Tables; Figures; Foreword; A Note on the End of an Era; Acknowledgments; Introduction; What Created Success?; Strategic Culture; Relevance of the Study;
1. Preparing for War: Naval Education Between the World Wars; Introduction; Studying "The Right Stuff"; Study, Gaming, and Wartime Reality; The Naval Air Debate; The Carrier Debate; The Debate over Doctrine; War Plans; Implications for the War against Japan; Preparing for War; The United States Naval Academy and Strategic Culture; "Everybody Works but John Paul Jones"; Sound Military Decision; Strategic Culture in the Wartime Navy.
Conclusion2. The Battle of the Coral Sea; Japanese Opening Moves and Plans; Japan's Forces in the Pacific Area; The Situation in the Pacific in the Summer of 1942; Japanese Plans and Preparations; The American Plan; Operational Imperatives; The Tulagi Invasion; Prelude to the Main Action; The Main Action; Coral Sea in Retrospect: Conclusions;
3. The Battle of Midway; Opening Phases; The Situation in the Pacific in the Late Spring of 1942; The Commander and His Opponent; Japanese Preparations; Decisions vs. Intelligence; How the Plans Played Out.
Prelude to Action in the Aleutians and at MidwayInformation Available to the Japanese Commander; Japanese Force Deployments; Information Available to the American Commander; American Command Relations; Aleutian Phase of the Operation; Midway Preliminary Action; Naval Air Station Midway 4 June Operations; Nagumo's Attack on Midway; Midway Carrier Action of 4 June 1942; Clash of Titans; Operations of the Hornet Air Group on 4 June; Operations of the Enterprise Air Group on 4 June; Operations of the Yorktown Air Group on 4 June; Recapping the Action; The Inevitable Japanese Counterattack.
Death of the Kido ButaiJapan's Contemplated Night Action; Operations of 5 June; Operations of 6 June; Operations of 7 June; Midway in Retrospect: Conclusions;
4. The Fight for Guadalcanal: The Battle of the Eastern Solomons; Strategic Reappraisal; The Fight for Guadalcanal; Choosing a Commander; The Battle of Savo Island; Where Is Task Force 61? All the World Wonders; The Battle of the Eastern Solomons; Carrier Battle of 24 August 1942; Retirement from the Area and Aftermath; The Battle of the Eastern Solomons in Retrospect; Conclusions; Epitaph;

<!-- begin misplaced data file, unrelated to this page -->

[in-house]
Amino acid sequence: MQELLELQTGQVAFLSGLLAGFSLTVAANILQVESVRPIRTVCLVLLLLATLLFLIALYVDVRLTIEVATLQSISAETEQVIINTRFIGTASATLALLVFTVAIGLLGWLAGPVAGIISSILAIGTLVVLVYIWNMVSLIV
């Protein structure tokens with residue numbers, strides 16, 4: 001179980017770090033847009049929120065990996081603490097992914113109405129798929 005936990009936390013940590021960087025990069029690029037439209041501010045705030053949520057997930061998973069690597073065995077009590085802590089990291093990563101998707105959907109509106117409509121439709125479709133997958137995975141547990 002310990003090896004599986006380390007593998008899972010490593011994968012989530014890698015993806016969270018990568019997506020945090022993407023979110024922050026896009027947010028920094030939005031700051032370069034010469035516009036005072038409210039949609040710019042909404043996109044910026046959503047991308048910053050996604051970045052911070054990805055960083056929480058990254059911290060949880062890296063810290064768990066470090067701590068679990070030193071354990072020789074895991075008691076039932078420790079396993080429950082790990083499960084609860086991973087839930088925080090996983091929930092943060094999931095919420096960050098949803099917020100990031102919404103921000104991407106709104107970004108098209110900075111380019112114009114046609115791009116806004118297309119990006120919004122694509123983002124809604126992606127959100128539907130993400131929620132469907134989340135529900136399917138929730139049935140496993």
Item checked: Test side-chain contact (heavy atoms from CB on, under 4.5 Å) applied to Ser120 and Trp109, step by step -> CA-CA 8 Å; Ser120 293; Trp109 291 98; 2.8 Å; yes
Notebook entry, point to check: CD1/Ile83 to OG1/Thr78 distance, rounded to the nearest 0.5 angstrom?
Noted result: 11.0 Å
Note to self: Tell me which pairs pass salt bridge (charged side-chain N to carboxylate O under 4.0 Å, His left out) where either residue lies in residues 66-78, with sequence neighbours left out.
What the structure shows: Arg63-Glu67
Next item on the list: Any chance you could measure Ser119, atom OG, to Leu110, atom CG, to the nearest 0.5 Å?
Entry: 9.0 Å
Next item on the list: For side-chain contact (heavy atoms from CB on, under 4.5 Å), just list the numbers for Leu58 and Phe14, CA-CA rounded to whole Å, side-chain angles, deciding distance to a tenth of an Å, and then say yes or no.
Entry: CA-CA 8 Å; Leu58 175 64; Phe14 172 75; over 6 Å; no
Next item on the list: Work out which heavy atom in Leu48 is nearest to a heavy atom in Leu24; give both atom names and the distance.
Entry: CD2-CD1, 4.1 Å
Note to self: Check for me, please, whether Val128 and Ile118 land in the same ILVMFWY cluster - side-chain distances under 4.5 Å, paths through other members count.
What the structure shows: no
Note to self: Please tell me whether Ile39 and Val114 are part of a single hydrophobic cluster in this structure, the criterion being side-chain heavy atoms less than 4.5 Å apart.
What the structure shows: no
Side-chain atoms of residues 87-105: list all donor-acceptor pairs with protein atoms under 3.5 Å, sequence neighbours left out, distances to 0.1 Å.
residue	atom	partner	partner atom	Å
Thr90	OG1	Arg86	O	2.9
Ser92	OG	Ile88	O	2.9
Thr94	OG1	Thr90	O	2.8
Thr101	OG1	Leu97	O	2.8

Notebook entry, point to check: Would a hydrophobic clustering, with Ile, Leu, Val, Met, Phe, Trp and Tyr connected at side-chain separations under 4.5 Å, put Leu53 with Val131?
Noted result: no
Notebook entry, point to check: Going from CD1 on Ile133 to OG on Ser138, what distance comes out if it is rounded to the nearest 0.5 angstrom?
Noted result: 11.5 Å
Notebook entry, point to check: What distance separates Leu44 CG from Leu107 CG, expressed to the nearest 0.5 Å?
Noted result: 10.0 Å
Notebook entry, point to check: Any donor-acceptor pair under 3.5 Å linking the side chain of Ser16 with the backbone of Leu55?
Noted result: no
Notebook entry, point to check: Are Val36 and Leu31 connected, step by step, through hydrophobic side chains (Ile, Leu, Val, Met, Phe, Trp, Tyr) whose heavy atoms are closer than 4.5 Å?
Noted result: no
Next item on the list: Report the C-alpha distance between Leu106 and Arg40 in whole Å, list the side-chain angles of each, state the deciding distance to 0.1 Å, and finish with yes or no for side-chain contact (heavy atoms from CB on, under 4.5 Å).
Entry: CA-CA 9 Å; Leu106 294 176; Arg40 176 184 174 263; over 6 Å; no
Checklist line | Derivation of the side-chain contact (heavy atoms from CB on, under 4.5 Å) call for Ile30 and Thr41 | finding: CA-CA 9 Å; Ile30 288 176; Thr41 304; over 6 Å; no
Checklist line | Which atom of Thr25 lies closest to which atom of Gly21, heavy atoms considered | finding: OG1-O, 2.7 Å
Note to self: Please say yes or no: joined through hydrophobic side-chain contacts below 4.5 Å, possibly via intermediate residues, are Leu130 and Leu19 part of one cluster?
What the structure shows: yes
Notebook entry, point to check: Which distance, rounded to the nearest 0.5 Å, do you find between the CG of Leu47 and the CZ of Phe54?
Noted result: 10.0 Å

5. The Battle of Santa Cruz.
The Battle for GuadalcanalPrelude to the Battle of Santa Cruz; Evidence of a Japanese Offensive; The Battle of Santa Cruz; The U.S. Carrier Strike; The Japanese Strikes; Results of the Battle; Continued Surface Action in the Solomons; Battle of Santa Cruz in Retrospect: Conclusions;
6. Battle of the Philippine Sea; Japan's "Absolute National Defense Line"; SLOCs to Victory Secured; MacArthur on a Roll; The U.S. Debate on Strategy; Executing the Combined Chiefs' Strategy; Central Solomons and New Britain: The Second Phase; Numbered Fleets; Operation "Elkton" and the Dual Advance on Rabaul.
A longtime professor at the Naval War College who once directed strategic and long-range planning for the Navy and Marine Corps in Europe considers the transformation of the U.S. Navy from a defensive-minded coastal defense force into an offensive risk-taking navy in the very early stages of World War II. Noting that none of the navy's most significant World War II leaders were commissioned before the Spanish-American War and none participated in any important offensive operations in World War I, Douglas Smith examines the premise that education, rather than experience in battle, accounts for that transformation. In this book, Smith evaluates his premise by focusing on the five carrier battles of the second world war to determine the extent to which the inter-war education of the major operational commanders translated into their decision processes, and the extent to which their interaction during their educational experiences transformed them from risk-adverse to risk-accepting in their operational concepts. His book will interest students of the Pacific War, naval aviation, education, and leadership. About the Author Douglas V. Smith is Professor of Strategy and Head of the Strategy and Policy Division at the U.S. Naval War College. He is a graduate of the U.S. Naval Academy, Naval Postgraduate School, and Naval War College, and holds a Ph.D. in military history from Florida State University. (source: Nielsen Book Data)